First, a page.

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Comment author: compartmentalization 08 June 2015 10:30:46PM 0 points [-]

This is the reason I have mixed feelings about making predictions of events that I can influence. I'm curious whether there is any research about this 'jinxing' - does predicting low chances of success at a task make people less likely to succeed? Or (maybe) the opposite?

Comment author: Peacewise 04 July 2015 08:37:45PM 0 points [-]

re compartmentalization question about 'jinxing'.

I have some experience and knowledge in this subject from a sports science perspective.

It's commonly accepted within sport psychology that first, negativity, is associated with predicting low chances of success, and secondly that those who do display negativity and predict low chance of success decrease their own performance.

For example, a well coached basketball player at the free throw line would be aware that saying "I'm going to miss this free throw" increases their chances of missing the free throw. Note now that "well coached" implies including psychological training as a component of a wider training program.

One source for you compartmentalization, to dig a little deeper is...

"Krane and Williams concluded that a certain psychological profile appears to be correlated with peak performance for most athletes. More specifically, this ideal mind/body state consists of the following: (a) feelings of high self-confidence and expectations of success, (b) being energized yet relaxed, (c) feeling in control,(d) being totally concentrated, (e) having a keen focus on the present task, (f) having positive attitudes and thoughts about performance, and (g) being strongly determined and committed. Conversely, the mental state typically associated with poorer performances in sport seems to be marked by feelings of self-doubt, lacking concentration, being distracted, being overly focused on the competition outcome or score, and feeling overly or under aroused. While acknowledging that this ideal mind/body state is highly idiosyncratic, Krane and Williams concluded that for most athletes, the presence of the right mental and emotional state just described is associated with them performing to their potential." Harmison, R. J. (2006). Peak performance in sport: Identifying ideal performance states and developing athletes' psychological skills. Professional Psychology: Research and Practice, 37(3), 233-243. doi: 10.1037/0735-7028.37.3.233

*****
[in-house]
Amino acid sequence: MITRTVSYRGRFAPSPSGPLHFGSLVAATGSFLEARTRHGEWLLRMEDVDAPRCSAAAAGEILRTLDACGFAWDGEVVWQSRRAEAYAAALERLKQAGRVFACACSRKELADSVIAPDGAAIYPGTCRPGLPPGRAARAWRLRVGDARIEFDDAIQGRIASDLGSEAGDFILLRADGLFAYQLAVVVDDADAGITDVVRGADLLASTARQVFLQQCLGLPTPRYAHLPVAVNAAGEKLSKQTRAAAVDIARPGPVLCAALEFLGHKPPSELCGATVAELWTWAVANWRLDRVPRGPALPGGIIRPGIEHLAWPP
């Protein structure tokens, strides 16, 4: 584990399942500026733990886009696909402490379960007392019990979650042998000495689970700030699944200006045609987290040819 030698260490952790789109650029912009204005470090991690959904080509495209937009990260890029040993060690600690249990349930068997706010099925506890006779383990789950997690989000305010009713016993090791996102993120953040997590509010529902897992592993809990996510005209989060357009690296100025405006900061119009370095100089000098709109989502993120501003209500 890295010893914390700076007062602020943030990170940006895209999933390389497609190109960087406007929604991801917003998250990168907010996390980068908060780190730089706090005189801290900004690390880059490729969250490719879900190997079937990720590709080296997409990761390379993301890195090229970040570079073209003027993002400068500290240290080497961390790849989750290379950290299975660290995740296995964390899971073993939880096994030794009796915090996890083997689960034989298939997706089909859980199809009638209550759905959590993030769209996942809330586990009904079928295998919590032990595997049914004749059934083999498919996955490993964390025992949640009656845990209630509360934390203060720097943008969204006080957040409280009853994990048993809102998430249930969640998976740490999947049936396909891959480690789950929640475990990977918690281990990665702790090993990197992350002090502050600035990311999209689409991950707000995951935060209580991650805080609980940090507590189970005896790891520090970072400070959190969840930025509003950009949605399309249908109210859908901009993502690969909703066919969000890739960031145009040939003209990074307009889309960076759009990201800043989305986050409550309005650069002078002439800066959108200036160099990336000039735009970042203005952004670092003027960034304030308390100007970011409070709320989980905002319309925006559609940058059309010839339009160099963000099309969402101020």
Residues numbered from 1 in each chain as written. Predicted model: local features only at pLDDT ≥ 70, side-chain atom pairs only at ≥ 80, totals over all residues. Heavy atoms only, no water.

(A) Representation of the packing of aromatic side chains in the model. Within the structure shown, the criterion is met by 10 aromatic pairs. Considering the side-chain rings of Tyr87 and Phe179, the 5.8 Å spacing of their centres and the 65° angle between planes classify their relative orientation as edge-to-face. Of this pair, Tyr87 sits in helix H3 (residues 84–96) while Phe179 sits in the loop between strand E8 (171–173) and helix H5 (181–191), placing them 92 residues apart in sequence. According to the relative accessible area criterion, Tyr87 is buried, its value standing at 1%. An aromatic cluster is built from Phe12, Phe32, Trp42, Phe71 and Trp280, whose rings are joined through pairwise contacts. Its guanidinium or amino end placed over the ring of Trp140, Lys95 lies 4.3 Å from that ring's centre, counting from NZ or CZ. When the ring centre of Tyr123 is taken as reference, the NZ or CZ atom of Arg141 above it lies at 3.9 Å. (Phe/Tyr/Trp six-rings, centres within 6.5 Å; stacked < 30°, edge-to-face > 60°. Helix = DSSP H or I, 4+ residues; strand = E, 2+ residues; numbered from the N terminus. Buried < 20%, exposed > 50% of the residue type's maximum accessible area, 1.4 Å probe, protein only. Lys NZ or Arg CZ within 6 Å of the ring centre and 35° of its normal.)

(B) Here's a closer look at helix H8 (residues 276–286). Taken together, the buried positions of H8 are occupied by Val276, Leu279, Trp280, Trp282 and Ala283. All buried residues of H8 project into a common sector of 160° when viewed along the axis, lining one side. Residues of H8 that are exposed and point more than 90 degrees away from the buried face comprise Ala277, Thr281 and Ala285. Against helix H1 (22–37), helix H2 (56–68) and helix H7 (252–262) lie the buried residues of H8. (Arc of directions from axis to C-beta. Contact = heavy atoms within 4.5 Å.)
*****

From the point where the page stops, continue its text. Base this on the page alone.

Comment author: Peacewise 27 June 2015 05:44:14AM 1 point [-]

Microsoft Outlook Business Contact Manager provides ways forward to utilising prediction. Within its Task scheduling one has opportunity to estimate what percentage of the set task is already completed. Also how long the task will take is estimated by the user.

I find B.C.M highly useful for focusing prediction and task achievement.

Comment author: Peacewise 14 May 2015 09:50:45AM 2 points [-]

Hi people, I just wanted to say thank you to the LessWrong community for exposing me to the concept of "bayesian probability". Apparently human motor programs function in a bayesian way, with each movement prior predicted including predicted sensory feedback of said movement, which enables a comparison of prediction with perceived reality. Pretty cool.

Learned of the observational evidence supporting random practice over blocked practiced as they relate to motor learning and retention, 14/5/2015.

Wrote a new lesson plan for my squash juniors, based upon the aforementioned idea of random practice, which I offer freely to LW.

Squash training, psuedorandom 1. Serve from right 2. Move to t 3. Chase own ball 4. Serve from left 5. Chase own ball 6. Throw ball with left hand to front wall right side 7. Play forehand drop shot 8. Move to T 9. Gather ball 10. Move to t 11. Throw ball to front wall, left side 12. Play backhand drop shot 13. Move to t 14. 1 push-up 15. Gather ball 16. Move to t 17. Throw ball to left wall softly. 18. Play a backhand drive deep 19. 1 squat 20. Gather ball 21. Move to t 22. Throw ball to right wall softly 23. Play a forehand drive deep 24. 1 lunge 25. Gather ball 26. Rest, drink, provoke THINK. 27. Move to front left court with ball n racket. 28. Play a backhand cross court, like a serve. 29. Move to t 30. Do a split step jump 31. Gather ball 32. Move to front right 33. Play a backhand cross court, like a serve. 34. Move to t 35. 1 situp 36. Gather ball 37. Move to front right. 38. Play a forehand cross court, like a serve. 39. Move to t 40. 1 one legged swan pose, 5 seconds 41. Gather ball 42. Move to front left 43. Play a forehand cross court, like a serve 44. Move to t 45. Balance racket on one finger, 5 seconds. 46. Gather ball 47. Move to t 48. Throw ball to right wall softly with non racket hand 49. Play forehand boast 50. Move to t 51. Gather ball 52. Move to t 53. Throw ball to left wall softly 54. Play backhand boast 55. Move to t 56. Do right side plank, 5 seconds. 57. Gather ball 58. Move to t 59. Do left side plank, 5 seconds. 60. Rest, drink, provoke THINK. 61. NOTE TIME TO DO 59 tasks. Repeat